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© Peter Lutek, 2015
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“...the stand-out performance for me was from Peter Lutek on clarinet. The range and dexterity of his playing, as well as its idiomatic authenticity, was truly thrilling and his every entry raised the intensity of the tune in play.” Tova G. Kardonne; The Live Music Report, February, 2008

“...Peter Lutek’s keening, desolate sax blowing over a shimmering wash of guitar loops, electric keys, and electronic percussion.” Paul Olson; All About Jazz, January 1, 2006

“...soprano saxophonist Perter Lutek delivers a fierce, over-the-top solo that is one of the highlights of the album.” Ken Kase; All About Jazz, October 11, 2006

“Calm and precise, he executes, and sometimes tears the ground out from under our feet.” David Fujino; The Live Music Report, September, 2005

“...the hyper-rockin’ Peter Lutek...” Stanley Fefferman; The Live Music Report, February, 2005

“Brainchild of multi-instrumentalist/composer Peter Lutek, this quintet make music skilfully balanced between freedom and precise structures. A focal point is Lutek's evocative reedsmanship, which employs alto and baritone saxes, clarinet, birdcalls and a "homemade copper-pipe-and-trumpet-bell thing." Nine of the ten pieces are from the leader's pen, and each is fresh and cliché-free. The poignant "Radiant" features a heartfelt alto solo that "radiates" longing ― a solo like this players wait years for. Opener "Seat" is intense, with stern comping from Greg de Denus and back-and-forth interplay between Lutek on clarinet and Tom Richards on trombone, plus a curious ending. "Reach" is a short, poised, dance-like song featuring elegant brushwork by Ethan Ardelli. Closely voiced lines, spiced with tasty dissonance, on "Cell" provide a compelling lead-in to the continually strong clarinet and pensive trombone. What resonates most is how individualized Engine's music is; it doesn't reminisce or allude to the Blue Note days of yore; Start is wholly its own thing. (Pet Mantis)” Glen Hall; Exclaim.ca, February 2011

“The Toronto band Engine doesn’t aim for the same visceral impact, preferring to achieve its spontaneous aims by employing jagged-edged ideas and contrasting creations suggesting off-kilter chamber jazz, abrupt shifts of mood and time, playful sounds off the conventional music map and rumbling passages suggesting a Mingus-influenced uprising. That makes Engine - Start (Pet Mantis Records PMR007 www.enginequintet.com) an interesting disc, nine of its ten tersely-titled items from reedman-leader Peter Lutek. Bandsmen, notably trombonist Tom Richards and pianist Greg de Denus, revel in the discomfort zones with bassist Dan Fortin and drummer Ethan Ardelli trolling rhythmic possibilities with verve. Best crank-turning tune among many good ones is the closing The Lawnmower, with Lutek et al at full wail.” Geoff Chapman; The WholeNote, May, 2011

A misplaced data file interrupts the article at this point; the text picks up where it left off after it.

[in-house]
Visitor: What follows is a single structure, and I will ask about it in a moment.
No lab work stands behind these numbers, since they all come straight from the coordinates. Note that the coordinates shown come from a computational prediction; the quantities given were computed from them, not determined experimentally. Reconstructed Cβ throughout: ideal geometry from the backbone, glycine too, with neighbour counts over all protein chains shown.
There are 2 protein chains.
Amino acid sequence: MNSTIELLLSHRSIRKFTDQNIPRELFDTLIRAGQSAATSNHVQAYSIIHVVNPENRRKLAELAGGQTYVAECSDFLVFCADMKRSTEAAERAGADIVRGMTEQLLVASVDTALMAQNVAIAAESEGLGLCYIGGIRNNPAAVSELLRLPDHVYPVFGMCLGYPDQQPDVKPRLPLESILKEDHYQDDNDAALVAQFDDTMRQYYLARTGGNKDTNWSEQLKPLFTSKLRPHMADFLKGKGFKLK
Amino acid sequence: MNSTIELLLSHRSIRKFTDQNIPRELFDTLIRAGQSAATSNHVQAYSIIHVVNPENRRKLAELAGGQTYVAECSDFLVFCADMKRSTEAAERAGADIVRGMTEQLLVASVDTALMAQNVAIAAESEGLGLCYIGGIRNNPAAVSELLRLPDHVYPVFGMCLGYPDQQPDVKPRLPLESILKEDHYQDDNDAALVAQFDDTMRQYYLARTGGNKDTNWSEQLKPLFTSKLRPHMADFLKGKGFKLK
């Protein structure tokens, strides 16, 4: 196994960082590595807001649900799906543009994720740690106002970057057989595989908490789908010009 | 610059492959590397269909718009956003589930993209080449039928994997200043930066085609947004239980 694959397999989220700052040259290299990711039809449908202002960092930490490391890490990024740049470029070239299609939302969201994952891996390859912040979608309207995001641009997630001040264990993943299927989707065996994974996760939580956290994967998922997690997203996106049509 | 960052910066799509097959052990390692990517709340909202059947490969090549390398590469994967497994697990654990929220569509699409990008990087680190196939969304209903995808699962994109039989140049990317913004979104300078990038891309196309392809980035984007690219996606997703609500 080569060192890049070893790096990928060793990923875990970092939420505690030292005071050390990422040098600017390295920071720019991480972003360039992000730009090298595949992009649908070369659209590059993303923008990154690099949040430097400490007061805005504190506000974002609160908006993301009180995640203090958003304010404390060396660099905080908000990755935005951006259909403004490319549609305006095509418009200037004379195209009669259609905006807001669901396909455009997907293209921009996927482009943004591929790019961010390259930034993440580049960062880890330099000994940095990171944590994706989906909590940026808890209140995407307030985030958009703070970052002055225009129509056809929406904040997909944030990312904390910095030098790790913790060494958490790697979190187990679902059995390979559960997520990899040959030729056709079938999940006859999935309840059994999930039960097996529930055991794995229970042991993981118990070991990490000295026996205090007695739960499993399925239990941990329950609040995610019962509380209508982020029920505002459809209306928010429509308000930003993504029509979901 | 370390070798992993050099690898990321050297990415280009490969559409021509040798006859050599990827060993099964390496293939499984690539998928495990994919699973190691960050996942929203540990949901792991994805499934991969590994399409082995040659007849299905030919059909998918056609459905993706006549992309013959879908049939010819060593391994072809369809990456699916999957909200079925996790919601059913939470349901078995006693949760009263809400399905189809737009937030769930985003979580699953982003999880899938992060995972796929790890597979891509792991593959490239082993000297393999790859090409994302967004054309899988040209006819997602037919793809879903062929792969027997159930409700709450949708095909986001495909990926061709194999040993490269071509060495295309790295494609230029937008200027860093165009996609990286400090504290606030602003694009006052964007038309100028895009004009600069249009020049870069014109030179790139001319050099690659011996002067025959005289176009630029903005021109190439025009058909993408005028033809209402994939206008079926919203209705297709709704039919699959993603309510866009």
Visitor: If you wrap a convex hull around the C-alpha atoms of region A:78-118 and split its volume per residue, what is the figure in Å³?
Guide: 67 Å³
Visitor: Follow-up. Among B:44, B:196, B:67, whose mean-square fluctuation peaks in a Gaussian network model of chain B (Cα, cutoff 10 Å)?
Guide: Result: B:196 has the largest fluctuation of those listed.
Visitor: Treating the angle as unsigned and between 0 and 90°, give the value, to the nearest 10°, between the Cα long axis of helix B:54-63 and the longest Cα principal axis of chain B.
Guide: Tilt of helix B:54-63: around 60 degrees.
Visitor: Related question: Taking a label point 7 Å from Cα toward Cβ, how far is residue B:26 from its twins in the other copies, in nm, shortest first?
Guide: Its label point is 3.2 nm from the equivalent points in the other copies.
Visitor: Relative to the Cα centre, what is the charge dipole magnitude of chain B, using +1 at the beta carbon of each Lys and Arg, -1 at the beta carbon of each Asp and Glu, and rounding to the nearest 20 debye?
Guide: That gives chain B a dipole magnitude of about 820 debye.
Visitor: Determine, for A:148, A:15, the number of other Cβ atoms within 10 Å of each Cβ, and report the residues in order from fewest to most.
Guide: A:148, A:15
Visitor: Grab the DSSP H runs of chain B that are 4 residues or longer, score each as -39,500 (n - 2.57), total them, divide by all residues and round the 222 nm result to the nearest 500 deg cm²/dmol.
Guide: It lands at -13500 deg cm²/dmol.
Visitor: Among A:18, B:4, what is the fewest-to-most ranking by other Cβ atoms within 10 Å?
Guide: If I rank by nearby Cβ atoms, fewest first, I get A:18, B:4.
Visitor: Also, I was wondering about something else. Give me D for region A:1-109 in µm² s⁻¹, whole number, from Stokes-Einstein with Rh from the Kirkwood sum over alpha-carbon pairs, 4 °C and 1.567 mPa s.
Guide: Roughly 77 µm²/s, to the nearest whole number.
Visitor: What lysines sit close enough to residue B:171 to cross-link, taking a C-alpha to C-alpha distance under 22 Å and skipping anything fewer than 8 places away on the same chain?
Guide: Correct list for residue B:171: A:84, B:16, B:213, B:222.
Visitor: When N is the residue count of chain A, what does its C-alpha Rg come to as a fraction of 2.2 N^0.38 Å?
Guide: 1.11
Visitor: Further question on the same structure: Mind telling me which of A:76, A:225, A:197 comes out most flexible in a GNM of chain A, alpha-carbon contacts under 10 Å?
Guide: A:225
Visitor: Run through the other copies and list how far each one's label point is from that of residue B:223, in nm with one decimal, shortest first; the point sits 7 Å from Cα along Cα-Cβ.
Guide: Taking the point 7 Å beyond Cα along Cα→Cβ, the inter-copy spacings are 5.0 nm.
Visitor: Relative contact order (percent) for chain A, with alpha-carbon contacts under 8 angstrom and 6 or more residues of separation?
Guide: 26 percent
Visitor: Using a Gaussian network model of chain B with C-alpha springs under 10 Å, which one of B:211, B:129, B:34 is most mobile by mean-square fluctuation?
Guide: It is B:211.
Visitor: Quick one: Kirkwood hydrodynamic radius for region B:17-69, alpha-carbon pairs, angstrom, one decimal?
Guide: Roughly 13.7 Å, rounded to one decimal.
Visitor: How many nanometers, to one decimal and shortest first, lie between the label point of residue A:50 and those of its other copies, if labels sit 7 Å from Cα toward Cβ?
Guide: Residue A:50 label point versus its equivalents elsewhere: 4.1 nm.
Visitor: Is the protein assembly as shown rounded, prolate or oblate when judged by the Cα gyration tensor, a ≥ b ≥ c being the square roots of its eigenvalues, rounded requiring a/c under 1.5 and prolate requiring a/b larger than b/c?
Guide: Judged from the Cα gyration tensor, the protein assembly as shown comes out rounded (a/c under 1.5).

This new release from multi-reedist Peter Lutek & co. is a perfect balance between modern jazz aesthetics and open-concept improvisation. A hard-hitting rhythm section (pianist Greg DeDenus, bassist Dan Fortin, drummer Ethan Ardelli) backs the frontline of Lutek and trombonist Tom Richards, who effortlessly float over, wade through, or dive right into an ocean of sound. An Ocean that is sometimes calm, sometimes chaotic, but always enjoyable to be immersed in. Right off the bat, we're presented with high-energy playing - a sporadic intro builds into a raging storm during the first half of 'Seat.' The weather calms, briefly, while Richards and Lutek adeptly improvise around a fragmented rhythm section, only to have the intensity return, full force, before an abrupt ending. Other highlights on Start include the smooth, glassy beauty of ʻRadiantʼ, which features exceptional, melodic soloing from both horns, and the angular and dissonant 'Cell.' The record ends just as strongly as it started, with 'The Lawnmower.' As you might expect, itʼs loud and propulsive, with the band showing no restraint. This engine is certainly a powerful one. Itʼs not so crazy that it will turn away the casual listener, yet itʼs crazy enough for those with the most adventurous of ears to be able to appreciate and enjoy it.” Matt Fong; Spontaneous Combustion Magazine, May, 2011